European Cup And Uefa Champions League Records And Statistics

This page details statistics of the European Cup and Champions League. Unless notified these statistics concern all seasons since inception of the European Cup in the 1955–56 season, including qualifying rounds of the UEFA Champions League as per "Competition facts"; all goals scored before league phase(s) count as "qualifying goals". A total of 22 clubs have won the tournament since its 1955 inception, with Real Madrid being the only team to win it thirteen times, including the first five. Only two other clubs have reached ten or more finals: Milan and Bayern Munich. A total of 12 clubs have won the tournament multiple times: the three forementioned clubs, along with Liverpool, Ajax, Barcelona, Inter Milan, Manchester United, Benfica, Nottingham Forest, Juventus, and Porto. A total of 17 clubs have reached the final without ever managing to win the tournament.

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Map of UEFA countries, stages reached by teams on the UEFA Champions League and European Cup.
  UEFA member country with winning clubs
  UEFA member country with runner-up clubs
  UEFA member country that has been represented in the semi-final stage
  UEFA member country that has been represented in the round of 16, quarter-final or second group stage
  UEFA member country that has been represented in the group stage
  UEFA member country that has not been represented in the group or knockout stage after round of 16
  Not a UEFA member

This page details statistics of the European Cup and Champions League. Unless notified these statistics concern all seasons since inception of the European Cup in the 1955–56 season, including qualifying rounds of the UEFA Champions League as per "Competition facts";[1] all goals scored before league phase(s) count as "qualifying goals".

General performances

By club

A total of 22 clubs have won the tournament since its 1955 inception, with Real Madrid being the only team to win it thirteen times, including the first five. Only two other clubs have reached ten or more finals: Milan and Bayern Munich. A total of 12 clubs have won the tournament multiple times: the three forementioned clubs, along with Liverpool, Ajax, Barcelona, Inter Milan, Manchester United, Benfica, Nottingham Forest, Juventus, and Porto. A total of 17 clubs have reached the final without ever managing to win the tournament.

Clubs from ten countries have provided tournament winners. Spanish clubs have been the most successful, winning a total of 18. Italy and England are joint-second with 12, while the other multiple-time winners are Germany with seven, Netherlands with six, and Portugal with four. The only other countries to provide a tournament winner are Scotland, Romania, Yugoslavia, and France. Greece, Belgium and Sweden have all provided losing finalists.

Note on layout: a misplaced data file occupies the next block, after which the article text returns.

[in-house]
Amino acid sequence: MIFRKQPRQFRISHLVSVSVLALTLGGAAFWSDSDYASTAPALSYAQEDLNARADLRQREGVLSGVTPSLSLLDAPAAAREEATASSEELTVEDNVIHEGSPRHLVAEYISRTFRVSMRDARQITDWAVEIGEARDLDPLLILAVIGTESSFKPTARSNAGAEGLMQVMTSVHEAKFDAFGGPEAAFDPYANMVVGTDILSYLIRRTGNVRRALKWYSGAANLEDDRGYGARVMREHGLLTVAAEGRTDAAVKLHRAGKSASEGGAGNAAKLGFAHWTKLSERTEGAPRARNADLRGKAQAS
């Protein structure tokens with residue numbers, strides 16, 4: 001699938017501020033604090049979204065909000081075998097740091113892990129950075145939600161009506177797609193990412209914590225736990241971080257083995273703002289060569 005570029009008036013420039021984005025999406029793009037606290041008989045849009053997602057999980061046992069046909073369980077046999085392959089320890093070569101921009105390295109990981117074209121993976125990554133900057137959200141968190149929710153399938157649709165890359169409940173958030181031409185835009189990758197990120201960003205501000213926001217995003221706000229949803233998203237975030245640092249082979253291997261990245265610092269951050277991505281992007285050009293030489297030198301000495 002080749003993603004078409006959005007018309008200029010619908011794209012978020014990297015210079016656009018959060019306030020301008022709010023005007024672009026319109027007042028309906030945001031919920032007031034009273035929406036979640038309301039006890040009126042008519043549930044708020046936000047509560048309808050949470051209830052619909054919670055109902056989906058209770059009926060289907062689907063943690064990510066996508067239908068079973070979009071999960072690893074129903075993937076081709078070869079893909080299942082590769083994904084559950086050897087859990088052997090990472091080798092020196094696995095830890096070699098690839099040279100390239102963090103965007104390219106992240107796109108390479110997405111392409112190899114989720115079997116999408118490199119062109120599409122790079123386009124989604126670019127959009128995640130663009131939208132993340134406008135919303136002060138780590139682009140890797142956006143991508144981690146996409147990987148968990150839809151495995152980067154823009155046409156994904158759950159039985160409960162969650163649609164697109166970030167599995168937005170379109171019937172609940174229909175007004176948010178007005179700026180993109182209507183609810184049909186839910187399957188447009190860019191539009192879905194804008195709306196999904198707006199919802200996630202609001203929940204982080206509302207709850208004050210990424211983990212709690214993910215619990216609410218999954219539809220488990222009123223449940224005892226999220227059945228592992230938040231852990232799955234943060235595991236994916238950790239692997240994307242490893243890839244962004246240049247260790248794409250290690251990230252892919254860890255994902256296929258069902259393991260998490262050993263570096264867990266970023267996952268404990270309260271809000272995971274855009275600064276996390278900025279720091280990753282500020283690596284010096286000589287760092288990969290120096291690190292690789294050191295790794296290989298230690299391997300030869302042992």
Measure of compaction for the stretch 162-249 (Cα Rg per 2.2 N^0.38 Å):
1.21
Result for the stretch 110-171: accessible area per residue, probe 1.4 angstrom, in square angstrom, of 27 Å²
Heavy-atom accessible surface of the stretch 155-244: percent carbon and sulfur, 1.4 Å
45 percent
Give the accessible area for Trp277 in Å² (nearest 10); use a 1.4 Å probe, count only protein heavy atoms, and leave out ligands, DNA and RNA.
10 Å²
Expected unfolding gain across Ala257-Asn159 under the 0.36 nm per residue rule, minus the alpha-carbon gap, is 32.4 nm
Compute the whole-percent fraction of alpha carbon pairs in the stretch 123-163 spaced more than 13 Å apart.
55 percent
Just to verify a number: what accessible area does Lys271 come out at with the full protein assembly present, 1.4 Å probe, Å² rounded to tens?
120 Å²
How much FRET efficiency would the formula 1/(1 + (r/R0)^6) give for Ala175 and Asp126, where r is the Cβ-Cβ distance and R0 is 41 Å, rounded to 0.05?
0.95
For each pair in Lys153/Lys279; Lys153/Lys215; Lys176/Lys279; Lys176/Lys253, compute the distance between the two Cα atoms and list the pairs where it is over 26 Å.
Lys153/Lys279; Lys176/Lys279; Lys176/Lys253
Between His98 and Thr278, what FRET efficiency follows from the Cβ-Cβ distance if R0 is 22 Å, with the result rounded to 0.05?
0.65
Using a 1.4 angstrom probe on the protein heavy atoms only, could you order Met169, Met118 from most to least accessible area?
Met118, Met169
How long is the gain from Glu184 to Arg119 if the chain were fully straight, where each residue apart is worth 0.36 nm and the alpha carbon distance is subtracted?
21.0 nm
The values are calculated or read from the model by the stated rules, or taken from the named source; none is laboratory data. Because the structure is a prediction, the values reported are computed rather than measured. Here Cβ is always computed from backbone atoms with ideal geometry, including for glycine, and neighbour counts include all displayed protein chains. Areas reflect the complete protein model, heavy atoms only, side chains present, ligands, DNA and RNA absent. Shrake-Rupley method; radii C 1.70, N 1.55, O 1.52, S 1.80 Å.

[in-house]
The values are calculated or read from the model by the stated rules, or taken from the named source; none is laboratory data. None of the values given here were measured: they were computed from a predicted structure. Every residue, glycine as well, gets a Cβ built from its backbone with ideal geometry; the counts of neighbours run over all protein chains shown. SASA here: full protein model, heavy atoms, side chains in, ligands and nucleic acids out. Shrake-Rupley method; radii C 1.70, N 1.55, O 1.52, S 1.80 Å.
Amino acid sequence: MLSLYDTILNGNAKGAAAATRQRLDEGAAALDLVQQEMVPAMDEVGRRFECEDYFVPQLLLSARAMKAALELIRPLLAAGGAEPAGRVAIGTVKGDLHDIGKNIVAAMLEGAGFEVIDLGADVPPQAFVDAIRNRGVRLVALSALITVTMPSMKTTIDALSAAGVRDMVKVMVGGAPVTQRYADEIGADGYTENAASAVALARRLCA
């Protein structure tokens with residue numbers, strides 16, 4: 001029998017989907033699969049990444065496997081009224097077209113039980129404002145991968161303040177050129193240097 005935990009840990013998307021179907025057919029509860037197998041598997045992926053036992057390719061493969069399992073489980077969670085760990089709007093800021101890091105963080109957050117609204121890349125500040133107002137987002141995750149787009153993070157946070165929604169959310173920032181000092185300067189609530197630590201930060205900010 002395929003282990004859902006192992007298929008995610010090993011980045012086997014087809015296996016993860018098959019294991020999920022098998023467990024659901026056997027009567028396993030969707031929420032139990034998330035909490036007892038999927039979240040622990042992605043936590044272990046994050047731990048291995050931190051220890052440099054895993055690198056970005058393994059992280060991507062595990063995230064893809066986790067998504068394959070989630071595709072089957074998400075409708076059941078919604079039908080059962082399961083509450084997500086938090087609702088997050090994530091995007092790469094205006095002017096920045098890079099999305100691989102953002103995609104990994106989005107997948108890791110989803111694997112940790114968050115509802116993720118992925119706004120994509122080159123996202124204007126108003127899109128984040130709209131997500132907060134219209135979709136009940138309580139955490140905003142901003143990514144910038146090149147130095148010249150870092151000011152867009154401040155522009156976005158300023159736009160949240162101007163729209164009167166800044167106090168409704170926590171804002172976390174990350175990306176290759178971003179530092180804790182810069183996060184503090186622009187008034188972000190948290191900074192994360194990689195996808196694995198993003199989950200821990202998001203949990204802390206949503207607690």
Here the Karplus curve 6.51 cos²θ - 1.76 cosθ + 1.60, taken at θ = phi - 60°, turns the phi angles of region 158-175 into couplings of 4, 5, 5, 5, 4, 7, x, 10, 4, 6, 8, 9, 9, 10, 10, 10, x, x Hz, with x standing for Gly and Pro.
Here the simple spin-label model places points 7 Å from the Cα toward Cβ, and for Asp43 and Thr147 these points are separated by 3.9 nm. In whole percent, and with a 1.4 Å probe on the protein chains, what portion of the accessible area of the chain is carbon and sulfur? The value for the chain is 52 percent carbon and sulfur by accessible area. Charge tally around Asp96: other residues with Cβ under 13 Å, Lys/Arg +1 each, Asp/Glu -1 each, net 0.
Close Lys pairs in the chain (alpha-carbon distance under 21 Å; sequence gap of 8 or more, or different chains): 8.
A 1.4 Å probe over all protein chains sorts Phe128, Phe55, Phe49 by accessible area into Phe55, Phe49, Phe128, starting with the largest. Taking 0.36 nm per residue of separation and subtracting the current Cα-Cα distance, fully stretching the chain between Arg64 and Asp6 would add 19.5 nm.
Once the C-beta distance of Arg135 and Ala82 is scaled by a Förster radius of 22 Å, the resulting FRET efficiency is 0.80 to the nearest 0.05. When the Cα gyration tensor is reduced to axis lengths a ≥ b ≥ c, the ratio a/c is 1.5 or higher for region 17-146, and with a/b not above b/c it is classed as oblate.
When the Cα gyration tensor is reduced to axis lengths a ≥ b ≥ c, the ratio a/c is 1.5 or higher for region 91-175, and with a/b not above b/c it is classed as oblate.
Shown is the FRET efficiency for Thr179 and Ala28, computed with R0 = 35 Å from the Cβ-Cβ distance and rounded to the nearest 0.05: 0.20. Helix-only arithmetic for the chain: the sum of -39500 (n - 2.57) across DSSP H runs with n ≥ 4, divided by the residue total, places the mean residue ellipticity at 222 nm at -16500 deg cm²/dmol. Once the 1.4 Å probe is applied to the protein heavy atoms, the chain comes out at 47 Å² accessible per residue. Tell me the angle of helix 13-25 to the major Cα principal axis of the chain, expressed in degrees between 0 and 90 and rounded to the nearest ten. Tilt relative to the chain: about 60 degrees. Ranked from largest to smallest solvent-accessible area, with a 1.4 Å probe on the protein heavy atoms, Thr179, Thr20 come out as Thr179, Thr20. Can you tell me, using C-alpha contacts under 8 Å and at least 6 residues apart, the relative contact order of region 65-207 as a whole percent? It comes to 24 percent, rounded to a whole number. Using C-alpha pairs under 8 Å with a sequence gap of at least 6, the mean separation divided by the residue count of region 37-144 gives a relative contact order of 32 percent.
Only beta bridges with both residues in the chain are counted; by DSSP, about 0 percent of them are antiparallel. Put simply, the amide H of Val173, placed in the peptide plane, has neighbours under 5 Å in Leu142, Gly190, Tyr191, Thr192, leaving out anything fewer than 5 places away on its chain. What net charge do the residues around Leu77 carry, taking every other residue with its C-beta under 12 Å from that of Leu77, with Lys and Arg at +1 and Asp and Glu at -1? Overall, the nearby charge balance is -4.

Clubs from a total of 35 European cities have participated in the tournament final. Clubs from 21 cities have provided winners, with the clear city leaders being Madrid (winning thirteen) and Milan (winning ten); though both Milan and Inter Milan have helped the city of Milan be successful, only Real Madrid have won it for the city of Madrid, with Atlético Madrid losing all three of their finals (albeit two of these were against city rivals Real Madrid, therefore by the time of these two finals, a win for the city of Madrid was guaranteed).

Performances in the European Cup and UEFA Champions League by club
Club Titles Runners-up Seasons won Seasons runner-up
Spain Real Madrid 13 3 1956, 1957, 1958, 1959, 1960, 1966, 1998, 2000, 2002, 2014, 2016, 2017, 2018 1962, 1964, 1981
Italy Milan 7 4 1963, 1969, 1989, 1990, 1994, 2003, 2007 1958, 1993, 1995, 2005
Germany Bayern Munich 5 5 1974, 1975, 1976, 2001, 2013 1982, 1987, 1999, 2010, 2012
England Liverpool 5 3 1977, 1978, 1981, 1984, 2005 1985, 2007, 2018
Spain Barcelona 5 3 1992, 2006, 2009, 2011, 2015 1961, 1986, 1994
Netherlands Ajax 4 2 1971, 1972, 1973, 1995 1969, 1996
Italy Internazionale 3 2 1964, 1965, 2010 1967, 1972
England Manchester United 3 2 1968, 1999, 2008 2009, 2011
Italy Juventus 2 7 1985, 1996 1973, 1983, 1997, 1998, 2003, 2015, 2017
Portugal Benfica 2 5 1961, 1962 1963, 1965, 1968, 1988, 1990
England Nottingham Forest 2 0 1979, 1980
Portugal Porto 2 0 1987, 2004
Scotland Celtic 1 1 1967 1970
Germany Hamburg 1 1 1983 1980
Romania Steaua București 1 1 1986 1989
France Marseille 1 1 1993 1991
Germany Borussia Dortmund 1 1 1997 2013
England Chelsea 1 1 2012 2008
Netherlands Feyenoord 1 0 1970
England Aston Villa 1 0 1982
Netherlands PSV Eindhoven 1 0 1988
Serbia Red Star Belgrade 1 0 1991
Spain Atlético Madrid 0 3 1974, 2014, 2016
France Reims 0 2 1956, 1959
Spain Valencia 0 2 2000, 2001
Italy Fiorentina 0 1 1957
Germany Eintracht Frankfurt 0 1 1960
Serbia Partizan 0 1 1966
Greece Panathinaikos 0 1 1971
England Leeds United 0 1 1975
France Saint-Étienne 0 1 1976
Germany Borussia Mönchengladbach 0 1 1977
Belgium Club Brugge 0 1 1978
Sweden Malmö FF 0 1 1979
Italy Roma 0 1 1984
Italy Sampdoria 0 1 1992